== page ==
We get a lot of women under the age of 18 and pregnant, admitted to our floor. The main issue we deal with most of the time is these women are addicted to opioids. Opioid dependence in pregnancy carries clear identifiable maternal and fetal risk (Shainkar et al., 2012). Most are admitted for issues ranging from cellulites to endocarditis. Many of them don’t know they are pregnant or they do, and they don’t care. It can be very challenging as a nurse to separate your emotions from these particular cases. A significant barrier to treatment for pregnant women is caregiver attitudes. Pregnant women who abuse substances are the mostly likely group to be stigmatized and treated punitively for their addiction-related behavior (Crawford et al., 2015). Some of the questions we need to ask them are “if they have a desire to have the baby” and if so, “are they willing to get help to stop doing drugs”. Unfortunately, a large majority of them have no plans to stop their drug use. The questions would appear as if they could be answered very cut and dry, although many if not all of the patient population we receive have very complicated pasts that range from histories of sexual abuse, homelessness, mental health issues, and little to no family support. In these particular circumstances it can be very frustrating to know all the right questions to ask, but subsequently end up feeling defeated and helpless when a patient refuses help and elopes during treatment 16-year-old white pregnant teenager living in an inner-city neighborhood.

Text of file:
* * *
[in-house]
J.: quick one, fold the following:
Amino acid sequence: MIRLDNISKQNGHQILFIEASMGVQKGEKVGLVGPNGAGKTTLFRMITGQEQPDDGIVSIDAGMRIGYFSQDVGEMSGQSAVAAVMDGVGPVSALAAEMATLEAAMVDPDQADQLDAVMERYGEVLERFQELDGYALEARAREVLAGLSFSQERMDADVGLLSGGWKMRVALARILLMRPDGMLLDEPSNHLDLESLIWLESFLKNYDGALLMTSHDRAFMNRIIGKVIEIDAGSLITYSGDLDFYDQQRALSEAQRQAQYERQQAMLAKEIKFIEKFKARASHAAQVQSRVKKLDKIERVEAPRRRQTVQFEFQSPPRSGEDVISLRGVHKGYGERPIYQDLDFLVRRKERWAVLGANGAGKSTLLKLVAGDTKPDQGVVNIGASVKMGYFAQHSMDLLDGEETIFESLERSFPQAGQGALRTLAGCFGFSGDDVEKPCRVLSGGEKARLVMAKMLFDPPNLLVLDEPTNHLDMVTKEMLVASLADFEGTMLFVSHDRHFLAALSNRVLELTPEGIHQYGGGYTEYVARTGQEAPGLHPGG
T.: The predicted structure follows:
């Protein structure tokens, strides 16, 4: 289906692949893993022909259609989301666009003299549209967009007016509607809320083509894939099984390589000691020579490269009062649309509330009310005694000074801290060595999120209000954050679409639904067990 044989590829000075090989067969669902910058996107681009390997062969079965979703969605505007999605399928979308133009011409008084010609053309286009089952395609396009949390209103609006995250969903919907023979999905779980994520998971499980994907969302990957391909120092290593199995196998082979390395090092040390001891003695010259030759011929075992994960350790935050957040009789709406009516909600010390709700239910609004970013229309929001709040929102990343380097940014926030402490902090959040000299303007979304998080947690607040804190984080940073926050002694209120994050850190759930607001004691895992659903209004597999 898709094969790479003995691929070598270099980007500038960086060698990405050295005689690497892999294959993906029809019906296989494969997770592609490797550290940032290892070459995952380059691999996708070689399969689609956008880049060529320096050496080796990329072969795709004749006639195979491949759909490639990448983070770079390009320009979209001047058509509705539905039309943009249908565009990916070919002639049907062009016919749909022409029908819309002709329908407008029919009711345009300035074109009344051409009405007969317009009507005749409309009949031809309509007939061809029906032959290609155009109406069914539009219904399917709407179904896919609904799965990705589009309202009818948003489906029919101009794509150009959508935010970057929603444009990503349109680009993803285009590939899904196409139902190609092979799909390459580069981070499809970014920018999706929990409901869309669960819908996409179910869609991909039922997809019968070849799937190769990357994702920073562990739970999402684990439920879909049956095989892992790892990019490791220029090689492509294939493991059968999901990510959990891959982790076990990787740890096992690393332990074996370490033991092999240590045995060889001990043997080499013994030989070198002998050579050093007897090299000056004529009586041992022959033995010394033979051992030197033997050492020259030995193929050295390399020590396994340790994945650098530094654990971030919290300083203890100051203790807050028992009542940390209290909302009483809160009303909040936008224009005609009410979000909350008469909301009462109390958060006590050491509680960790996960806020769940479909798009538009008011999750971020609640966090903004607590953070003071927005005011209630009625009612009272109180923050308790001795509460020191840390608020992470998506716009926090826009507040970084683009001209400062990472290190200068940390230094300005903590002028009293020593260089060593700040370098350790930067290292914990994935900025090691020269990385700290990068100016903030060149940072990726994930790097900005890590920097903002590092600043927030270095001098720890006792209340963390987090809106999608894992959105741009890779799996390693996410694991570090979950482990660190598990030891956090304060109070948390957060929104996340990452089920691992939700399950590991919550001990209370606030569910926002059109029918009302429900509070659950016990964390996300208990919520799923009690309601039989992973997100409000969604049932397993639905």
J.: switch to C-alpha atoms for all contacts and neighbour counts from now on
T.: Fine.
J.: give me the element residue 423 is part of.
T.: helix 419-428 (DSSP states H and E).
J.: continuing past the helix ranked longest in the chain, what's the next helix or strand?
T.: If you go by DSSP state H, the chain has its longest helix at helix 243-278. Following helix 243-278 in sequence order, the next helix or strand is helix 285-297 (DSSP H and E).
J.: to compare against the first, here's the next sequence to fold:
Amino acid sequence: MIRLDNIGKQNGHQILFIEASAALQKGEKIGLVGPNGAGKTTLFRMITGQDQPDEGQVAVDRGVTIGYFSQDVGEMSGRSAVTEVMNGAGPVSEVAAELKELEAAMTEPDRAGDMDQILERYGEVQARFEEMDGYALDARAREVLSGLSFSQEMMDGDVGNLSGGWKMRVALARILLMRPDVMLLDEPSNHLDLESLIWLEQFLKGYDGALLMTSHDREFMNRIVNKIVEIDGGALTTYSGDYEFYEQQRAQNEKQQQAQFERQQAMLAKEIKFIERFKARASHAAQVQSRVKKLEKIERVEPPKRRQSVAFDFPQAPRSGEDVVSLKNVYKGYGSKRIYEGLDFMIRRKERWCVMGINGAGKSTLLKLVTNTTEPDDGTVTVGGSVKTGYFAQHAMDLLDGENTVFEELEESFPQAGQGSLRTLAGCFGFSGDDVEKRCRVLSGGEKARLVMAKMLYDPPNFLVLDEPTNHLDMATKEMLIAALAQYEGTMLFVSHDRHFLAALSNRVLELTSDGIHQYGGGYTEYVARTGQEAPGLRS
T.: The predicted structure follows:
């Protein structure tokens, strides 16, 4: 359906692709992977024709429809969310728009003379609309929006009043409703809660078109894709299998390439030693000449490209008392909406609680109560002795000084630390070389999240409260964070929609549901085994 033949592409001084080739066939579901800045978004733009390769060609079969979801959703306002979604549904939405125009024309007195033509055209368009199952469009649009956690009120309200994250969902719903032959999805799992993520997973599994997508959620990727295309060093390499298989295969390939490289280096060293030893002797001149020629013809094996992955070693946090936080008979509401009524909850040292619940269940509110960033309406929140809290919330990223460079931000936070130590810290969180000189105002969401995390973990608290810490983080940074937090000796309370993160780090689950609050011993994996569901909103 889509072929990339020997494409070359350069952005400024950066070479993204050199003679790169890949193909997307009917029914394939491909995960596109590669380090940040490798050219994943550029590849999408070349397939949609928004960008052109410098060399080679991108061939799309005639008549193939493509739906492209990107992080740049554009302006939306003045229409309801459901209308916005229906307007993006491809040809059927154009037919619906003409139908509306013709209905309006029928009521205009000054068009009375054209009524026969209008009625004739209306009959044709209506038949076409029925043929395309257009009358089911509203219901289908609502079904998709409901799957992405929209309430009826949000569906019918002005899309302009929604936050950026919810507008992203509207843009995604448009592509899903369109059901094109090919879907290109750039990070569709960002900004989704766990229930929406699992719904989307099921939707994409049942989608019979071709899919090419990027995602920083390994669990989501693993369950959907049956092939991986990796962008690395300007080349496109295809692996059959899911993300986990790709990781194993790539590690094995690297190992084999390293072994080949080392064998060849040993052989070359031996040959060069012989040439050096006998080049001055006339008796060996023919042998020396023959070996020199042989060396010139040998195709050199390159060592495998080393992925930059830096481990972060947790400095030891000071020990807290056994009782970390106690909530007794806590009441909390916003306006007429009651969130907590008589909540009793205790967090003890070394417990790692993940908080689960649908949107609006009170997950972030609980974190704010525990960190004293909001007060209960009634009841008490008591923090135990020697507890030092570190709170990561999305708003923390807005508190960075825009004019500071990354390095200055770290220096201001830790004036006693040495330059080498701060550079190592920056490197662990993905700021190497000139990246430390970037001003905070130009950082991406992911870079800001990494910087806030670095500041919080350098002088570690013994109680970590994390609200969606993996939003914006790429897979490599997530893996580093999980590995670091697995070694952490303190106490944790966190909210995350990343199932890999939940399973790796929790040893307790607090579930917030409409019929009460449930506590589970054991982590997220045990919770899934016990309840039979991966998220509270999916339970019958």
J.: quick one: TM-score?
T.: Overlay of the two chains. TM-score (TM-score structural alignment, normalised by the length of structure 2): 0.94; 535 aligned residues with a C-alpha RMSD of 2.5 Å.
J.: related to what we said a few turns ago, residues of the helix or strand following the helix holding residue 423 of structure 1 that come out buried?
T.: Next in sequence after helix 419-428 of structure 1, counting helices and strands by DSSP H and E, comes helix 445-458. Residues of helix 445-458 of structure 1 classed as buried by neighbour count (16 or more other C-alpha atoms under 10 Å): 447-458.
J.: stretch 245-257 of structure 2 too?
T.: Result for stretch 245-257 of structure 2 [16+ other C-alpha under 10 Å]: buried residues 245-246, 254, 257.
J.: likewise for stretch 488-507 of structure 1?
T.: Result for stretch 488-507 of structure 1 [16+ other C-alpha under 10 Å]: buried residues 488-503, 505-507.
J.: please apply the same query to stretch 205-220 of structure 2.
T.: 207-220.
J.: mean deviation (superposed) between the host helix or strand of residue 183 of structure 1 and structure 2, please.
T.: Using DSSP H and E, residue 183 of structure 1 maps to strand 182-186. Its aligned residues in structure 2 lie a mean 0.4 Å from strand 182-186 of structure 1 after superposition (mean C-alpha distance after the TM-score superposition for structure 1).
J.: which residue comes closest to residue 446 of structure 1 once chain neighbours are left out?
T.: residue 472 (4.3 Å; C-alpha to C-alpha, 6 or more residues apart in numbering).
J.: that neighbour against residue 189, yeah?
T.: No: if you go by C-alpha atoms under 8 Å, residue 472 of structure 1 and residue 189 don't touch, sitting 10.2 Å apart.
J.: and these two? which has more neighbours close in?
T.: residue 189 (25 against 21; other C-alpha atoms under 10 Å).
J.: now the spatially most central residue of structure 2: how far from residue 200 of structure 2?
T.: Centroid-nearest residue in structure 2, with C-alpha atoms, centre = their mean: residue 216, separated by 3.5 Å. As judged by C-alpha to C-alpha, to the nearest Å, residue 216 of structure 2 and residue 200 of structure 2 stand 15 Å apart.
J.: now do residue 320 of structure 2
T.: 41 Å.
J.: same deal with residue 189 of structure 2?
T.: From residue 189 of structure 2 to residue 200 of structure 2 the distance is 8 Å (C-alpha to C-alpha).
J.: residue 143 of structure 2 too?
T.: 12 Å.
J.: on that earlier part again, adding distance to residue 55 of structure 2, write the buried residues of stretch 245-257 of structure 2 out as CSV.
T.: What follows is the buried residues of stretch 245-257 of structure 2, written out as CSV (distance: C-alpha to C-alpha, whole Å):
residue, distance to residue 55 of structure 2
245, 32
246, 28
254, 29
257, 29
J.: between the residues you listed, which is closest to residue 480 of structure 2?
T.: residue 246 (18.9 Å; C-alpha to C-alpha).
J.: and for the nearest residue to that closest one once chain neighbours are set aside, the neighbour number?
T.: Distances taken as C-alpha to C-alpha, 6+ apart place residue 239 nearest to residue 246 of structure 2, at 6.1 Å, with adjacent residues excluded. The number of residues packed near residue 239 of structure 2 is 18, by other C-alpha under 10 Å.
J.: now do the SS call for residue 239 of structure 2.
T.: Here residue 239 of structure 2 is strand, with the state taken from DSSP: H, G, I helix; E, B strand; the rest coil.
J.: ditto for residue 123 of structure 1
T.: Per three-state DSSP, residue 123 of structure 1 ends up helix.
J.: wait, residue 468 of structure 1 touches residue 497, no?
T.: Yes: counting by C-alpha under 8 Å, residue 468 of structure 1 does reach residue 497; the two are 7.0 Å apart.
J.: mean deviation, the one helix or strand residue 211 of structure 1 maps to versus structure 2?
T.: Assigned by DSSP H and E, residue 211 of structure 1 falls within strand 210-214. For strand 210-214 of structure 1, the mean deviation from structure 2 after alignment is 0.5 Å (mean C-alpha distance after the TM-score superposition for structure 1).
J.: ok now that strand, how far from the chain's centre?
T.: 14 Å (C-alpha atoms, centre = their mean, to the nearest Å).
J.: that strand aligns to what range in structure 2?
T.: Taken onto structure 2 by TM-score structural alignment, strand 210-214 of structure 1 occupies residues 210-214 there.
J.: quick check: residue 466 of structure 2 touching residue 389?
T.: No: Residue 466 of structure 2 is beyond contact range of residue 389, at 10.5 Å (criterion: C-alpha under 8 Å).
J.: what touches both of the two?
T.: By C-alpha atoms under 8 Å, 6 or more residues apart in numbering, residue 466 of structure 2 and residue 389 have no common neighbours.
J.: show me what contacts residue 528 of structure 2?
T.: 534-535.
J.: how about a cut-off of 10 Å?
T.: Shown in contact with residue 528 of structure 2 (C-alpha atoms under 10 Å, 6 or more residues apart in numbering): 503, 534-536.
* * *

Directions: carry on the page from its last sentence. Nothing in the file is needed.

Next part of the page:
Crawford, C., Sias, S., & Goodwin, L. (2015). Treating Pregnant Women With Substance Abuse Issues in an OBGYN Clinic: Barriers to Treatment.
Shainker, S. A., Saia, K., & Lee-Parritz, A. (2012). Opioid Addiction in Pregnancy. Obstetrical & Gynecological Survey, 67(12), 816–824.
Women ages from 15-19 who are pregnant are at a risk for maternal death related to maternal complications (Amjad, et. al., 2019). With this risk of complication for this patient it is important that she continues with prenatal care for herself and the baby. This will assist in any early detection of complications from the pregnancy. Another risk area that needs to be considered and reviewed postpartum is depression. Within this age range these individuals are finishing high school and have many other stressors in their life. Now they will be having an addition of a baby. Depression occurs two times the rate for adolescents who are raising children as opposed to those who are not raising children (Russotti, et. al., 2020) 16-year-old white pregnant teenager living in an inner-city neighborhood.
Continued effective communication for this individual is needed so that they will sustain prenatal and postpartum care. They will need assistance with knowledge regarding community resources. One question that should be asked is what support do you have at home to assist with the baby? Another would be what resources are you aware of within the community for assistance?
Amjad, S., Macdonald, I., Chambers, T., Osornio-Vargas, A., Chandra, S., Voaklander, D., & Ospina, M. B. (2019). Social determinants of health and adverse maternal and birth outcomes in adolescent pregnancies. A systematic review and meta-analysis. Paediatric and Perinatal Epidemiology, 33(1), 88-99.
Russotti, J., Handley, E. D., Rogosch, F. A., Toth, S. L., & Cicchetti, D. (2020). The interactive effects of child maltreatment and adolescent pregnancy on late-adolescent depressive symptoms. Journal of Abnormal Child Psychology, 48(9), 1223-1237.